Five important questions - and answers - on oil prices in 2016

While the oil price is expected to rise this year, geopolitics will play a key role for oil markets after several years of absence.

Geopolitics along with lacklustre global growth, a stronger dollar and an OPEC firmly determined to maintain market share are the factors most likely to influence oil prices in 2016. Below, senior analyst Christin Tuxen from Danske Bank Markets gives his views on where the oil price is headed and the challenges facing the market.

1. What is your short-term view on the oil price?
“We expect oil (North Sea crude) will continue to trade at USD30-50 per barrel in Q1 and going into Q2. That is a wide range, but also an acknowledgement that the oil market is no longer as stable as before. We actually see prices trading in this range for some months yet, as there is no obvious trigger to send prices higher in the short term.”  

2. What are your long-term expectations for the oil price?
“Current oil prices will soon begin to hurt non-OPEC producers so much – given their relatively high costs – that production will start to slow, allowing the OPEC countries to maintain their present levels of production. Prices will then begin to stabilise or rise slightly, and we see North Sea crude trading above USD50 per barrel by the end of 2016.”

3. What might be the impact on global oil markets of the US resuming oil exports after a 40-year ban?
“One noticeable effect it has already had is to completely close the gap between the US reference oil (WTI) and North Sea crude. This price spread has previously been very significant, if narrower in recent times. However, the decision by the US Congress to end the export ban was the deathblow to the spread, which is now completely gone. As a result, US oil can now flow more directly into the global oil market, potentially putting downward pressure on oil prices in the short term, though the impact should not be particularly pronounced, as the US will remain a net importer of oil. Essentially the decision to resume exports probably has more significance from a historical or emotional perspective. Lacklustre global growth, a potentially firmer dollar and OPEC determined to secure its market share by maintaining production are far more important factors for the oil market right now.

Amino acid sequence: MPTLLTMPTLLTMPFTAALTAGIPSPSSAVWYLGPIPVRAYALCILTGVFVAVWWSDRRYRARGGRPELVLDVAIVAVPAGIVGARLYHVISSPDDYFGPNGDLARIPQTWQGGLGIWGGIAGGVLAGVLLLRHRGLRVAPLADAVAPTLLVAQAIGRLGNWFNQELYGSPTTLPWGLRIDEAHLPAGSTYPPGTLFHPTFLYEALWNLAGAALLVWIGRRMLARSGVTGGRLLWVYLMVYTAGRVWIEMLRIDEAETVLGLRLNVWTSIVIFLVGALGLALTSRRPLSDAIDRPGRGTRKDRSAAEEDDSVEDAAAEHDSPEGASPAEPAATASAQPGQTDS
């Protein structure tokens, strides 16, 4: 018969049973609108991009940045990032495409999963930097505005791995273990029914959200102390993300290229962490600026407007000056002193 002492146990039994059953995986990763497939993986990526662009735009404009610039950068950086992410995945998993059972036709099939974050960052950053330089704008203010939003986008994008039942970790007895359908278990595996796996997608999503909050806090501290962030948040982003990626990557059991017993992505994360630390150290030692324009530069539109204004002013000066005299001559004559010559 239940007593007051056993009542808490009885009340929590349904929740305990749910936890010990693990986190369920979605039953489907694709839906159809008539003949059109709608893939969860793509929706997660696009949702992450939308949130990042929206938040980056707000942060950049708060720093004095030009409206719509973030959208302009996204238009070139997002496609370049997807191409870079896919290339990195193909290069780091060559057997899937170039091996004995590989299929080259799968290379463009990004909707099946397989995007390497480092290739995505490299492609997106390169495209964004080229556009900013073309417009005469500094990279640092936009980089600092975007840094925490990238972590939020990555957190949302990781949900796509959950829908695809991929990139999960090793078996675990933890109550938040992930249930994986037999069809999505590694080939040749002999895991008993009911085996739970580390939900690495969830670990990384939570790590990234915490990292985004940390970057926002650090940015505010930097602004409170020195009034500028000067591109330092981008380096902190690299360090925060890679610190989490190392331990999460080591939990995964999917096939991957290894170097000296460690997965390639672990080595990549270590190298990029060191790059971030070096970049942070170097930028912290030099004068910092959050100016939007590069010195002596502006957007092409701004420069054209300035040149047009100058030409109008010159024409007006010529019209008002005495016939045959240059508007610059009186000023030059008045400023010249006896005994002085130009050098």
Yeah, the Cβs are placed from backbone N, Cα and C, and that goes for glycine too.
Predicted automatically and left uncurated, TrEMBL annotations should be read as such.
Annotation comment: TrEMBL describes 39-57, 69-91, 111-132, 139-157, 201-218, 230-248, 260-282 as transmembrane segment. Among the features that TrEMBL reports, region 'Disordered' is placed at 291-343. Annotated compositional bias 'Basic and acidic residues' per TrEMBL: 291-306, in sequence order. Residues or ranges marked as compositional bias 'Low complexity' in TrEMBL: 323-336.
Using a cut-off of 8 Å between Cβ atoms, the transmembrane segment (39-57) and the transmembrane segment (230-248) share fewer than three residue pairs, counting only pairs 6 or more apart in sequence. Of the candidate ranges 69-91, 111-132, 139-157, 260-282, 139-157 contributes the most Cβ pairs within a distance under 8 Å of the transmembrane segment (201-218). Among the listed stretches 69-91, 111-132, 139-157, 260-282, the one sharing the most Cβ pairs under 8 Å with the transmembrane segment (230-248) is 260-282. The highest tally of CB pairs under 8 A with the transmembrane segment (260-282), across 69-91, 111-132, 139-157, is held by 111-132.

4. There is speculation that Saudi Arabia may drop the Saudi Arabian riyal’s peg to the dollar. What will that mean for the oil price?
“Saudi Arabia is experiencing an income squeeze. So far, the country has chosen to cut public expenditure rather than devalue its currency. Dropping the peg could be slightly negative for the oil price, as this would underline the Saudi’s determination to maintain high levels of production.”

5. Tensions between Saudi Arabia and Iran have increased in recent days. What might a further deterioration in relations mean for risk premiums in the oil market?
“Geopolitics has not been factored into the oil price for quite some time, but that could quickly change – just as we saw in connection with the Arab Spring. At that time, geopolitics accounted for around 10 dollars of the oil price. The recent flare up could bring geopolitics back into the picture again in 2016 and prices could jump on the back of a wider conflict. The oil market has been lulled into a sleep of sorts in recent years – because production has been so high, we have forgotten that it can be hit from one day to the next or that the Suez Canal can close. Geopolitics has slipped off the radar, but deteriorating Saudi-Iranian relations may serve as a timely warning that geopolitics should not be ignored.”


Noget gik galt.


Noget gik galt.


Noget gik galt.